They can help those people who have difficulty with the paperwork, but charge them sky-high fees for the privilege. With typical compensation payouts at around £2,750 and the firms charging 25 per cent of the compensation as a fee, it means they can trouser almost £700 on average. With some payouts being much higher, the fees will correspondingly be more juicy, of course.
When I've mentioned the claims management firms in the past, it has prompted a volley of complaints from those in the industry who consider they offer people a decent service. So let me now quote Richard Lloyd, of Which?, who this week said: "We have found dubious practice by claims management companies, including bombarding people with misleading information about getting PPI compensation."
But it's the banks who deserve our unhappiness over the whole elongated business. Once they had been found guilty they should have speedily put things right rather than using further delaying tactics. Their behaviour since the beginning when they first pushed the dodgy policies onto unwary customers has been appalling.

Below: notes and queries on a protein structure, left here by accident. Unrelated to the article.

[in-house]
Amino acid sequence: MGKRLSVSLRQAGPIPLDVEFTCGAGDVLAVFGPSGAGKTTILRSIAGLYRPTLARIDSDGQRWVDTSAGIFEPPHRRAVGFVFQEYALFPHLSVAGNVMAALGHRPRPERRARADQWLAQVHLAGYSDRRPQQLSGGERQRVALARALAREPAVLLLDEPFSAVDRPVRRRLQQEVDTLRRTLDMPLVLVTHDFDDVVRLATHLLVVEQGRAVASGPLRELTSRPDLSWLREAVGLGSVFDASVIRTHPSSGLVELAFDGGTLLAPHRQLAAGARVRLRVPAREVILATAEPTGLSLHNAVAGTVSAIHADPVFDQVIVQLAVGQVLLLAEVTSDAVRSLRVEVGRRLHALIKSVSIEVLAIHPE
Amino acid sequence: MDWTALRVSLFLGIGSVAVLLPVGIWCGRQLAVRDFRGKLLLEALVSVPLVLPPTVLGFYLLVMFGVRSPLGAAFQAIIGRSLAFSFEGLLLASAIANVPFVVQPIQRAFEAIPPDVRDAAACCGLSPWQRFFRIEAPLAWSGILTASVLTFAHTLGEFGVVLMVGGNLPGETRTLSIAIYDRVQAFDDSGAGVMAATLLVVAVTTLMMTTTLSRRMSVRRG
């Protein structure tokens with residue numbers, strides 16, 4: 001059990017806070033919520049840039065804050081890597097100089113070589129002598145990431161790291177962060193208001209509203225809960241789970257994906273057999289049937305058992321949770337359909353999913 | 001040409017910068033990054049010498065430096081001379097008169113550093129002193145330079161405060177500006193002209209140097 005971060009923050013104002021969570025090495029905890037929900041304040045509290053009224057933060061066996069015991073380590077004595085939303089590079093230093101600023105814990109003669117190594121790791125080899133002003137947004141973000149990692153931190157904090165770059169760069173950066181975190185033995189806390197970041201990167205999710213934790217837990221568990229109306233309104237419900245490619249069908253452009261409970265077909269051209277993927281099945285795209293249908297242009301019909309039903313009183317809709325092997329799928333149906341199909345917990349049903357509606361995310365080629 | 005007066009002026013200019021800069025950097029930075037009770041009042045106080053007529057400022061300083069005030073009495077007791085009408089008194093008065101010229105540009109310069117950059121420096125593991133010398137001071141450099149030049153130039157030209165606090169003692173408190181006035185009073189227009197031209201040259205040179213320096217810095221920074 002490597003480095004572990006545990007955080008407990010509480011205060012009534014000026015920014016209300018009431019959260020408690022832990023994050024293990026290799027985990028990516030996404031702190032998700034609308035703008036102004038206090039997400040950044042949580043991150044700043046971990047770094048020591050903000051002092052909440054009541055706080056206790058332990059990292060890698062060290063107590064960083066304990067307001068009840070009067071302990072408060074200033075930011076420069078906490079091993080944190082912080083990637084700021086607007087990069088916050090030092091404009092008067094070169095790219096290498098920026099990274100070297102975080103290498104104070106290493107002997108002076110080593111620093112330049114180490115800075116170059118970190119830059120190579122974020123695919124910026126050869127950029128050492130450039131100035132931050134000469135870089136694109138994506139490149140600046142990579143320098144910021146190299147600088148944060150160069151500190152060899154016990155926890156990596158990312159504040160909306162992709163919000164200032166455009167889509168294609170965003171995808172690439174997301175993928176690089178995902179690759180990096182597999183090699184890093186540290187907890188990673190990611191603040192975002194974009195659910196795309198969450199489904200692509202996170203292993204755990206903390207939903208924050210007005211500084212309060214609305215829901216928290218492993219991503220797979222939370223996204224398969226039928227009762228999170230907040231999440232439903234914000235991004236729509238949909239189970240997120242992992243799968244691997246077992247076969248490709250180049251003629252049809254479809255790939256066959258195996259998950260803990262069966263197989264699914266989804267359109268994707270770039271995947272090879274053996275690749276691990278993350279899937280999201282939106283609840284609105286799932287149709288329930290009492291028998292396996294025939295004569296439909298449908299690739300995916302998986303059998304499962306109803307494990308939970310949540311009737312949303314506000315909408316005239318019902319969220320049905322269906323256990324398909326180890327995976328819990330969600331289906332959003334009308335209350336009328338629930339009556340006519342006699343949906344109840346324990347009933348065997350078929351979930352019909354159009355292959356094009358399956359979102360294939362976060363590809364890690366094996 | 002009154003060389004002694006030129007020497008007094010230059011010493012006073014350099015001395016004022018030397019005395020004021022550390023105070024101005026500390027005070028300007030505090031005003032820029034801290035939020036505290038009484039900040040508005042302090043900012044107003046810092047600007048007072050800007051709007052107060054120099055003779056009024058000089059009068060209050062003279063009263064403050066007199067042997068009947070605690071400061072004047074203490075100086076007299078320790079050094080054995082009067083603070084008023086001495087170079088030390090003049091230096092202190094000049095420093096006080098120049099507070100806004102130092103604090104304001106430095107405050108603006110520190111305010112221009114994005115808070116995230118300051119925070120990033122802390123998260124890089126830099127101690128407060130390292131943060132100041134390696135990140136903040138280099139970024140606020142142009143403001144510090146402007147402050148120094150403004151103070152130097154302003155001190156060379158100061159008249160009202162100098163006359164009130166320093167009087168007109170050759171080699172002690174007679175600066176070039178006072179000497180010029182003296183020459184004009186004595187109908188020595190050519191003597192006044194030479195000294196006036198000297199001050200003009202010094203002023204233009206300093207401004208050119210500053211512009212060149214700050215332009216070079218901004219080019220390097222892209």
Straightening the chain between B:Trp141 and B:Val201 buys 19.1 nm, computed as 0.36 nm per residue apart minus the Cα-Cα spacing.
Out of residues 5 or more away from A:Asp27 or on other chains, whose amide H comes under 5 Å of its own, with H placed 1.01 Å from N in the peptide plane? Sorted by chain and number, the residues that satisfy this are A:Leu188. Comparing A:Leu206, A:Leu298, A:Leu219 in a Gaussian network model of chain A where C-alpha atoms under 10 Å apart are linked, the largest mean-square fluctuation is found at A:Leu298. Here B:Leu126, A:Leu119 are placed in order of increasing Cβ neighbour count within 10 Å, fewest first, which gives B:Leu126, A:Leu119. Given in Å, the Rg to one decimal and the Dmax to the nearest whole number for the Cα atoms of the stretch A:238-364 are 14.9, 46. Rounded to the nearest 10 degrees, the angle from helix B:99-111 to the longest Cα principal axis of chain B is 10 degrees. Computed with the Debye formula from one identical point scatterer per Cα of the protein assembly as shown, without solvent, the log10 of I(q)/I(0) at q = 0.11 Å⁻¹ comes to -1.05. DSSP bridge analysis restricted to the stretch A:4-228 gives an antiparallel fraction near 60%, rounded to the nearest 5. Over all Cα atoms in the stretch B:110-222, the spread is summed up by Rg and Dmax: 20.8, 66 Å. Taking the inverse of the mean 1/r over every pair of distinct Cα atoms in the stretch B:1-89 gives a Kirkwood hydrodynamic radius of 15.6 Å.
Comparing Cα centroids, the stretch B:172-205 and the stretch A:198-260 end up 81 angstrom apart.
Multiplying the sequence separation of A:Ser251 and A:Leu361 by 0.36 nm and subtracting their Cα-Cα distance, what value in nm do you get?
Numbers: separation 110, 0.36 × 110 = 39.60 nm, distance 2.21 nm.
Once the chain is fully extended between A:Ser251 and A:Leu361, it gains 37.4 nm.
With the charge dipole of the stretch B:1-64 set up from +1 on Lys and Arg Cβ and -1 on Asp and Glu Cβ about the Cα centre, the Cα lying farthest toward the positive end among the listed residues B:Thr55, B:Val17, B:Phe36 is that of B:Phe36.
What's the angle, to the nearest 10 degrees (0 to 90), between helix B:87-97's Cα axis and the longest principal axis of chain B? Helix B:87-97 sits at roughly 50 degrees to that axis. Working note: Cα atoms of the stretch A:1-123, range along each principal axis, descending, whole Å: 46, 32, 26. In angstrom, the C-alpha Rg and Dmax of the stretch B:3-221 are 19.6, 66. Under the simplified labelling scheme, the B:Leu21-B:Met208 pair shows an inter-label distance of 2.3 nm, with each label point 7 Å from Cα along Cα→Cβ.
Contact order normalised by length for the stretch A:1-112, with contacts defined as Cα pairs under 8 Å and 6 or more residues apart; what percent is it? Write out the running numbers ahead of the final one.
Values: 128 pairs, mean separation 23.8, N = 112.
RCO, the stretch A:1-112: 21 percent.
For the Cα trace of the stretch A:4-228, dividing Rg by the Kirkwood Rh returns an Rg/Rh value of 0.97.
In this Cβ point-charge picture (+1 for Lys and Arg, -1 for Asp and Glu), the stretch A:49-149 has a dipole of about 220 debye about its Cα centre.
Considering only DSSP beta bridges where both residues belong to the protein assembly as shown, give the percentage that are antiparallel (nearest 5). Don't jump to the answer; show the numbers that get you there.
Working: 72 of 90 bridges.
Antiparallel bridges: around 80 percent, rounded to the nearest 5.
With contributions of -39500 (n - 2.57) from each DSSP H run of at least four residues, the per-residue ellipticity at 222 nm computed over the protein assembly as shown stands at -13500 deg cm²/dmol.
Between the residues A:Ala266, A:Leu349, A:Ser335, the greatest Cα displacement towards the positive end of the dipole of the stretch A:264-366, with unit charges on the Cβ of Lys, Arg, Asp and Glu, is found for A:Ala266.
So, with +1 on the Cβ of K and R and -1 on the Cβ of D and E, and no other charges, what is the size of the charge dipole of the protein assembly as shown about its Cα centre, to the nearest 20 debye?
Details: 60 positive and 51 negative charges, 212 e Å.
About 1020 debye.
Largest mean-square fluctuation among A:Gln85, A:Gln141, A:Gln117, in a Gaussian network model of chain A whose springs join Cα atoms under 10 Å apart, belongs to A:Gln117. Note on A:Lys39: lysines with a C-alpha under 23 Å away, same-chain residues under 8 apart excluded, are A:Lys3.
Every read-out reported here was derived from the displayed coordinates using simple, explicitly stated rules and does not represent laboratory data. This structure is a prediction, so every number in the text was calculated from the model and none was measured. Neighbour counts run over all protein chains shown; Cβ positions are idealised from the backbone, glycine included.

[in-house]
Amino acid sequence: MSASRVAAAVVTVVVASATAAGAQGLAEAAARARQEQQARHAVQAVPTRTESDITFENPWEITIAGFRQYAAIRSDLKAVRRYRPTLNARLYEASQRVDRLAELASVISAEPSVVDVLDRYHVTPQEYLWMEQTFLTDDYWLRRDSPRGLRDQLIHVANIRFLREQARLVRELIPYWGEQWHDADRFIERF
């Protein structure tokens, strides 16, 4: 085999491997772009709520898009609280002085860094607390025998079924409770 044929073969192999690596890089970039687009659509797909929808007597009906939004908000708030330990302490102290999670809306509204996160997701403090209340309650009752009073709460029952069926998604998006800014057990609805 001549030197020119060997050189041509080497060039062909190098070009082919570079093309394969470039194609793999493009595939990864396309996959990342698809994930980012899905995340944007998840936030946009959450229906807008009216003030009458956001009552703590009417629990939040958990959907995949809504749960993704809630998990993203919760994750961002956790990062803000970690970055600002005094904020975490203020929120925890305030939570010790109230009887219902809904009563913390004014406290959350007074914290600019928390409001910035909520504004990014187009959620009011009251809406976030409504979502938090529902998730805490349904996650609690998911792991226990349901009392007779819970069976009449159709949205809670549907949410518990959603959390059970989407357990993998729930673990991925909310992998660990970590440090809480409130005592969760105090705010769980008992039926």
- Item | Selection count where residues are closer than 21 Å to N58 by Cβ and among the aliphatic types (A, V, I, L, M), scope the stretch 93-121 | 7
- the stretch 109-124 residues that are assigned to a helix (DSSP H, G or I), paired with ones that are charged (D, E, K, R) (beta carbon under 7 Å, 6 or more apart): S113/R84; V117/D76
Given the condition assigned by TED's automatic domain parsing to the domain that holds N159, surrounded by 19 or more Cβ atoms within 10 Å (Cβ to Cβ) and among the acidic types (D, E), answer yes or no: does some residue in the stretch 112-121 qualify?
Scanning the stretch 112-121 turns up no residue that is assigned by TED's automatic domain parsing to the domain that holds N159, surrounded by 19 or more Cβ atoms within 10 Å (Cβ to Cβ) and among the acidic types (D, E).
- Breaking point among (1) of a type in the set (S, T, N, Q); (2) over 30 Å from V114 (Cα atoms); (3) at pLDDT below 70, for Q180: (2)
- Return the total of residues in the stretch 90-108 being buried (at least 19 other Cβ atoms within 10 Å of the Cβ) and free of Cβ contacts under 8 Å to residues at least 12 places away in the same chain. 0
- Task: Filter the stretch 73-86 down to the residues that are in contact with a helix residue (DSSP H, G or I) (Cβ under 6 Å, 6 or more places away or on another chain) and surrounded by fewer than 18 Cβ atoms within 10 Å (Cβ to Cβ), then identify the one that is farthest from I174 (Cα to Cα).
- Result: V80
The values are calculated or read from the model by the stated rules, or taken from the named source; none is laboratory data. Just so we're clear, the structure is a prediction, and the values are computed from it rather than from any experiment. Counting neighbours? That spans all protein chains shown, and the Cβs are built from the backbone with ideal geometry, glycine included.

The longer they delay payouts, the more they punish their victims.
Mind you, it's probably better to drag your feet than not pay your bills altogether. Loans company Norton Finance sold loads of PPI policies and consequently was landed with a £2.2m mis-selling compensation bill.
Has it repaid people it flogged the policies to? No. Instead, earlier this month Insolvency Today magazine reported that Norton Insurance Services and Norton Finance (UK), the two subsidiaries involved in PPI sales, had been declared insolvent.
The directors of Norton Finance Group (not Norton Finance (UK) you understand), were apologetic. They said: "It is with reluctance we have had to close these two subsidiary companies as they traded successfully for 38 years until the regulations surrounding selling of payment protection insurance changed retrospectively last year."